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Frozen Water On Mars, Flowing Water On Mars

A climate model of early Mars explains how water could've flowed despite freezing temperatures.

From the source:

Photo: NASA/JPL-Caltech/MSSS (Flickr)

From the source: "This image is from a test series used to characterize the 100-millimeter Mast Camera on NASA's Curiosity rover. It was taken on Aug. 23, 2012, and looks south-southwest from the rover's landing site. The 100-millimeter Mastcam has three times better resolution than Curiosity's 34-millimeter Mastcam, though it has a narrower field of view. In the distance, there are dark dunes and then the layered rock at the base of Mount Sharp. Some haze obscures the view, but the top ridge, depicted in this image, is 10 miles (16.2 kilometers) away."

Dear A Moment of Science,
I’ve read a lot about how there used to be liquid water on Mars. But I’ve also read that the average temperature on early Mars was below freezing. If that’s true, then how could there have been liquid water?
Thanks for thinking about this,
Marvin

Our Answer:

Great question! First, it’s almost certainly the case that once upon a time, Mars had liquid water (and some scientists think there is still water on Mars). We know this because the surface of Mars features water-carved valleys and lakebeds.
But, it’s also true that the average temperature on young Mars was well below freezing. Emphasis on “average.”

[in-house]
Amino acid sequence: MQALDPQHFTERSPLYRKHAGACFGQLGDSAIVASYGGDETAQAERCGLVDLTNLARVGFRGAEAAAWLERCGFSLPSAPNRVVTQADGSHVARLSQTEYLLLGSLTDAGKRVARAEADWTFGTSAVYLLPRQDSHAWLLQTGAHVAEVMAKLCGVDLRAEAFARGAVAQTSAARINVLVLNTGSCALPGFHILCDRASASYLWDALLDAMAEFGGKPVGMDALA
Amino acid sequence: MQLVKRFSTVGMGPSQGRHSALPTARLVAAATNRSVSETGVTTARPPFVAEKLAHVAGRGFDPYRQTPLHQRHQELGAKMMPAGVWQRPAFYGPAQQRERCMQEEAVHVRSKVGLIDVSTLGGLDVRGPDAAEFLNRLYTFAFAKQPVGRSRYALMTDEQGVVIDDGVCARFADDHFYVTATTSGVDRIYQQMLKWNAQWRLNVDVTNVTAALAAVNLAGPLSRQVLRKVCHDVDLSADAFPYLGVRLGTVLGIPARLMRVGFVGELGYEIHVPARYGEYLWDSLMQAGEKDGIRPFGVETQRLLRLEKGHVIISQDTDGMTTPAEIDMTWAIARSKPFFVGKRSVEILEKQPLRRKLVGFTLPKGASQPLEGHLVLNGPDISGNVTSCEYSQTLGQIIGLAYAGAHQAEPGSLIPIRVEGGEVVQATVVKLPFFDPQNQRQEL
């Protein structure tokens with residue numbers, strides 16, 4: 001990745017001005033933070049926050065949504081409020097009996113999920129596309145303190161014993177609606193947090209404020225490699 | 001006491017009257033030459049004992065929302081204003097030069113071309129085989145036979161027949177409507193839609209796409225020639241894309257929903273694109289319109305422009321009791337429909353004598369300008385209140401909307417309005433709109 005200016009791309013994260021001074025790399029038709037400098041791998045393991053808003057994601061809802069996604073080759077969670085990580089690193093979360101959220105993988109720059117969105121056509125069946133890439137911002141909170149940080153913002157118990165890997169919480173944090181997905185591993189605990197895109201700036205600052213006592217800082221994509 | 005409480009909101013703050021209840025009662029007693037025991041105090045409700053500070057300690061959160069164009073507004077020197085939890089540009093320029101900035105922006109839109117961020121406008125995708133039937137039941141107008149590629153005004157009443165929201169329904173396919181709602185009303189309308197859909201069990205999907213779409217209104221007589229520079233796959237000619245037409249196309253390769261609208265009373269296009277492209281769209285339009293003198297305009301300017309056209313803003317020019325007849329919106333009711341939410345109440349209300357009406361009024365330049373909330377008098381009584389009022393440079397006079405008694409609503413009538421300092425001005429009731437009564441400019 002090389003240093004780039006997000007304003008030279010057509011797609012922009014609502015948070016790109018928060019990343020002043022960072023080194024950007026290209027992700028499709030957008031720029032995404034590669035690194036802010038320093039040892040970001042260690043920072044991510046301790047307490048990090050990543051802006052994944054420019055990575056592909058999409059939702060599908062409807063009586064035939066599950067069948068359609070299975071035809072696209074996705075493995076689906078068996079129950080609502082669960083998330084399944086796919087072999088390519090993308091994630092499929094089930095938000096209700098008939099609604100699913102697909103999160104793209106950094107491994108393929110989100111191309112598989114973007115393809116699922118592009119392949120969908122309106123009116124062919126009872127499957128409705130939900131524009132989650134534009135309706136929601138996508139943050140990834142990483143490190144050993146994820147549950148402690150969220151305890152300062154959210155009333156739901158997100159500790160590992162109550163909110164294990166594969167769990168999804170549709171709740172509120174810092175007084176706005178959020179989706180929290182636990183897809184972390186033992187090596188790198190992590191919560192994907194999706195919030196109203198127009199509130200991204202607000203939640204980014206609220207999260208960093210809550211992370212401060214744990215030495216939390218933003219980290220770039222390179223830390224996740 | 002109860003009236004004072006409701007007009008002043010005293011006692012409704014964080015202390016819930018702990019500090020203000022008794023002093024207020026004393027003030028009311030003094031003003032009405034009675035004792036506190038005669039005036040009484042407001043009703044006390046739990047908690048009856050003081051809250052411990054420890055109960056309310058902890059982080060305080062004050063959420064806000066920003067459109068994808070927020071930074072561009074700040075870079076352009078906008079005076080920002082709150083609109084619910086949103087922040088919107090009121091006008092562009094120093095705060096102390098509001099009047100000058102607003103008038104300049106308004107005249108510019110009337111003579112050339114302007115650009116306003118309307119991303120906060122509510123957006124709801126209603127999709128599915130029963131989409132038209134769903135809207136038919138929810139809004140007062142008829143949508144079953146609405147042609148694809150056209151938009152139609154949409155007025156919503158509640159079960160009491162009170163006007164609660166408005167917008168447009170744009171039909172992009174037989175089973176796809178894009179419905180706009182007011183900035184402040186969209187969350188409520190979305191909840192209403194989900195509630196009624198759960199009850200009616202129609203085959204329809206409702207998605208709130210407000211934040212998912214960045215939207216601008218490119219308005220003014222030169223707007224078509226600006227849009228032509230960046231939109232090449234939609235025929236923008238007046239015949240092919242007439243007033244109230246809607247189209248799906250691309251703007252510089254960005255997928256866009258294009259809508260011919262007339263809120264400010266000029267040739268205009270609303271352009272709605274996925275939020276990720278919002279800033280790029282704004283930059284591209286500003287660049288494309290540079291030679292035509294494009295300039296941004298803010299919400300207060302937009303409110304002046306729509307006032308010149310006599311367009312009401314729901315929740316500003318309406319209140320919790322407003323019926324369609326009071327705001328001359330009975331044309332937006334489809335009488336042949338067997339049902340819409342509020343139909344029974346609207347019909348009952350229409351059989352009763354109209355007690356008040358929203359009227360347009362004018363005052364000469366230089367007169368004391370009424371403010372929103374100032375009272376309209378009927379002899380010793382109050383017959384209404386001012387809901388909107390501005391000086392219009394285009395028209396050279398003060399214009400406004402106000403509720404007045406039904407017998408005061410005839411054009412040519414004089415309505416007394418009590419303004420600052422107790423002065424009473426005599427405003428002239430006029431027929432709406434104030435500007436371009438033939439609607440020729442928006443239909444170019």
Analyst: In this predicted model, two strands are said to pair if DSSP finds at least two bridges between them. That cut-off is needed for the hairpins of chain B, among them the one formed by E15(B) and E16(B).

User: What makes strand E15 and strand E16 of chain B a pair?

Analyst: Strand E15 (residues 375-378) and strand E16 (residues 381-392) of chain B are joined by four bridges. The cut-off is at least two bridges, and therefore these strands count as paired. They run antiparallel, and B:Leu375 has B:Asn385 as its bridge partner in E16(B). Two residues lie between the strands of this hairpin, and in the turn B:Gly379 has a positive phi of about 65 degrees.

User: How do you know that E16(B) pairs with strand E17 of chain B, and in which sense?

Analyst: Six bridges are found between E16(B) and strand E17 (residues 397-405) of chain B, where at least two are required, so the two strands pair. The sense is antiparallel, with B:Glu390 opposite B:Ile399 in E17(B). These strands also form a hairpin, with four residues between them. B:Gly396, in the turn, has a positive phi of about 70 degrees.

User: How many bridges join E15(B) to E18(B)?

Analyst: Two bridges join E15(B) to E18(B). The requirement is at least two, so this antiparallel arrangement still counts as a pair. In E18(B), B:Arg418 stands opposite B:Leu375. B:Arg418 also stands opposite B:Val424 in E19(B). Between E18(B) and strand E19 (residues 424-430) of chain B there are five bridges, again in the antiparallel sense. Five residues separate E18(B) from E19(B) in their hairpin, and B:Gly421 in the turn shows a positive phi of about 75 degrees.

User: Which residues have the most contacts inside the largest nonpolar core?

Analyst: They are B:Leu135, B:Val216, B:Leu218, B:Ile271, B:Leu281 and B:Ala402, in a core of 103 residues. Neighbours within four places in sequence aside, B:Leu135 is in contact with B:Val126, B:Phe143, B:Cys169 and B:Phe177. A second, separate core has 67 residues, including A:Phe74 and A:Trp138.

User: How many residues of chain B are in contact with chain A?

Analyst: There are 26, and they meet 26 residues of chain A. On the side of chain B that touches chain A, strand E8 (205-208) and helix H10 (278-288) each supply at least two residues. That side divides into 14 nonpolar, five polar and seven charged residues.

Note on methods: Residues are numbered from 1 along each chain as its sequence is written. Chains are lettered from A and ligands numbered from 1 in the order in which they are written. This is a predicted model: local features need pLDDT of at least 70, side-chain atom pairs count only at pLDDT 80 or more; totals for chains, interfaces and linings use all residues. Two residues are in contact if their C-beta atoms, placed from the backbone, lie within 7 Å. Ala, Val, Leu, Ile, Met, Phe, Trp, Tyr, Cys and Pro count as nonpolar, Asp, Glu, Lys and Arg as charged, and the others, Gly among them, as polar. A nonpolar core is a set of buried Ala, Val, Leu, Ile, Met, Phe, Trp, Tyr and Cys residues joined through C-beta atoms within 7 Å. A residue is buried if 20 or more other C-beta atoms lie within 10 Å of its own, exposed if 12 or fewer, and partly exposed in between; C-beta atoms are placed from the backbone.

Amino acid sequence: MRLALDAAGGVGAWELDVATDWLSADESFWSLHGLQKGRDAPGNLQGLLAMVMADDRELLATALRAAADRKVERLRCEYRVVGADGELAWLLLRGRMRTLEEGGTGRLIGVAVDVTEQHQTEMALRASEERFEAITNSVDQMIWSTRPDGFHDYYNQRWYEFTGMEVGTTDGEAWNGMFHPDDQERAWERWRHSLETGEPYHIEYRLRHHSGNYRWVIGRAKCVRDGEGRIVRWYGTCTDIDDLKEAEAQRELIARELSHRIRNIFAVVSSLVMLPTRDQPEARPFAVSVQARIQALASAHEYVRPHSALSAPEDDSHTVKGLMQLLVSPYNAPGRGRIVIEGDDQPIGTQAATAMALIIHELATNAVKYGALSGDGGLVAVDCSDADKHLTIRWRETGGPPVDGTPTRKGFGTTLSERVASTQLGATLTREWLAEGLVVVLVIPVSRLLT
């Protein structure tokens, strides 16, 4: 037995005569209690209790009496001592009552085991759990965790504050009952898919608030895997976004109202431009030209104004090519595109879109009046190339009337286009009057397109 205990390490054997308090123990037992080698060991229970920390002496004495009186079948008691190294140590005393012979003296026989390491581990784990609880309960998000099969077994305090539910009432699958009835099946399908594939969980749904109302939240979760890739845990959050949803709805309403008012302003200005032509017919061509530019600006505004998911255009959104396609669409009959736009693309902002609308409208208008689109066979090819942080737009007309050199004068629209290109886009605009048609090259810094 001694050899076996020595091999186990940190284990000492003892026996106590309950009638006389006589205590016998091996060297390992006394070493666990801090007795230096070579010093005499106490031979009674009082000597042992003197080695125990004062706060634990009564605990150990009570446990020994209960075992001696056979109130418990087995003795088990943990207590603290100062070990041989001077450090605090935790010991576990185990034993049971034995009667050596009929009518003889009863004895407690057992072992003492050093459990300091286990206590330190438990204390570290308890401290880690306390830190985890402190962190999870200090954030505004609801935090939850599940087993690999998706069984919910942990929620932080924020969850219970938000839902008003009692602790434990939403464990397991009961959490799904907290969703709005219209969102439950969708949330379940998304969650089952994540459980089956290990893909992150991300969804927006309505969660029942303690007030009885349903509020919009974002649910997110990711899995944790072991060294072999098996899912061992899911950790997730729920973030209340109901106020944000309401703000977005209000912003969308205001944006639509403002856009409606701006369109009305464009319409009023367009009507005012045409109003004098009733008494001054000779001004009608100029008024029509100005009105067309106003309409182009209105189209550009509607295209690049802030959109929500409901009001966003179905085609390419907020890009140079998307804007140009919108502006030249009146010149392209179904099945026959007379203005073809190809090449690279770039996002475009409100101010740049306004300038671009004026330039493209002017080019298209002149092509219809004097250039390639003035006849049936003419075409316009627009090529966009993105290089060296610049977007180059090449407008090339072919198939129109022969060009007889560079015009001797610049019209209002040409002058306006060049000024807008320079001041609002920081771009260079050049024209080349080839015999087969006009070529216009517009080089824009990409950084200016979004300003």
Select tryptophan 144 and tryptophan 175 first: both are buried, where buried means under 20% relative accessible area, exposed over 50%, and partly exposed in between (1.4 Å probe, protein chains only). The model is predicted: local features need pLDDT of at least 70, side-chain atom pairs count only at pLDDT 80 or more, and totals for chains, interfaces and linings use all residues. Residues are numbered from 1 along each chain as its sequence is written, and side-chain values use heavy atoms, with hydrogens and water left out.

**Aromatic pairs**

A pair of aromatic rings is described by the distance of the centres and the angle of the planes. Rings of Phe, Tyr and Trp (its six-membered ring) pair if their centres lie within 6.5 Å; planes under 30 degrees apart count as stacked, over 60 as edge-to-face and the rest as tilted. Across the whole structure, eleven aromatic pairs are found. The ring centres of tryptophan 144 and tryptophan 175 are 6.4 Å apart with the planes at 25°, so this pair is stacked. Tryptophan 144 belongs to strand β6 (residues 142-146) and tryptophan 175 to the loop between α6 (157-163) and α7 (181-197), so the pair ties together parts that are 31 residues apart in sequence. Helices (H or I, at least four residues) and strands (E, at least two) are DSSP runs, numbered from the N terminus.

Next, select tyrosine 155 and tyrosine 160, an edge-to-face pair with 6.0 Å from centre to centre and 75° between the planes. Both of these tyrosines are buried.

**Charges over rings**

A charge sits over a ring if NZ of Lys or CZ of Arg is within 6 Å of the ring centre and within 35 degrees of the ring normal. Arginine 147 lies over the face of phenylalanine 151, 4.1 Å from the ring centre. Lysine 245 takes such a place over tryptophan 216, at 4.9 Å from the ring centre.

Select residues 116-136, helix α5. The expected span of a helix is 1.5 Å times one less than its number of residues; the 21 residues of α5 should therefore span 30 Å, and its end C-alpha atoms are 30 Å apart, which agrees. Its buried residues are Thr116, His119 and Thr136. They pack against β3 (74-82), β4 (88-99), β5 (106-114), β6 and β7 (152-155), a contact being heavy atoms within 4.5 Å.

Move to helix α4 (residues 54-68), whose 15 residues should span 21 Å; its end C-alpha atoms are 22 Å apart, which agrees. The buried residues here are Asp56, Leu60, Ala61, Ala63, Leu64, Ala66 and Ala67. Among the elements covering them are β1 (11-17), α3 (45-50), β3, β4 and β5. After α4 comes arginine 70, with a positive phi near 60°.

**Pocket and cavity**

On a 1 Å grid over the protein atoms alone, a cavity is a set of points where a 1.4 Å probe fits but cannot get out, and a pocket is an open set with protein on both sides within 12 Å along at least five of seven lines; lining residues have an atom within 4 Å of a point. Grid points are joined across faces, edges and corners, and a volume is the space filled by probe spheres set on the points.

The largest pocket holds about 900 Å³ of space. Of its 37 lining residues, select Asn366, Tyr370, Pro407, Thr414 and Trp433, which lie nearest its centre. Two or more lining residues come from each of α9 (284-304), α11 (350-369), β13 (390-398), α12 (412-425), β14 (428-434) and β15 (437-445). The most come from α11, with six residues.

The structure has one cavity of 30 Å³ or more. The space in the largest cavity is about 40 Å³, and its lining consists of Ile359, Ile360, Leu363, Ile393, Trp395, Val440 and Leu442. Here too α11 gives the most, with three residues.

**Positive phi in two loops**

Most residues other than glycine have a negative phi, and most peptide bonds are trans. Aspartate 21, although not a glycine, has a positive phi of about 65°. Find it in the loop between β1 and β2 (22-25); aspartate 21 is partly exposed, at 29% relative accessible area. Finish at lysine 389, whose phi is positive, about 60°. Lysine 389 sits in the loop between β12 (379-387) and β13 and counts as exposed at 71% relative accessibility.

Early Mars

Geologists at Brown University used a climate model of early Mars to simulate how, despite freezing temperatures, water could have flowed. The model suggested that although Mars was frozen most of the time, during the Martian summer the temperature may have risen just enough above freezing to allow for melting at the edges of glaciers.

The melted water was probably produced in relatively small amounts. But over millions of years, there may have been enough melted water to carve the valleys and lakebeds we see on the surface of Mars today.

Now, climate models are not perfect. But there’s some evidence to support Martian melting right here on Earth. For example, in the past, the average temperature in Antarctica is below freezing. But during the summer, glaciers there melt enough to form lakes. (If you’re interested in how glacial melts affect other parts of the Earth, we had a really good post about how Alaska is directly affected by it.)

There may be other explanations for liquid water on Mars, including volcanic eruptions and the impact of meteors or that it once had a more substantial atmosphere. But seasonal melting of Martian glaciers is a pretty compelling explanation, too.

Thank you to Ashley Palumbo and James Head III of Brown University for reviewing this episode’s script.

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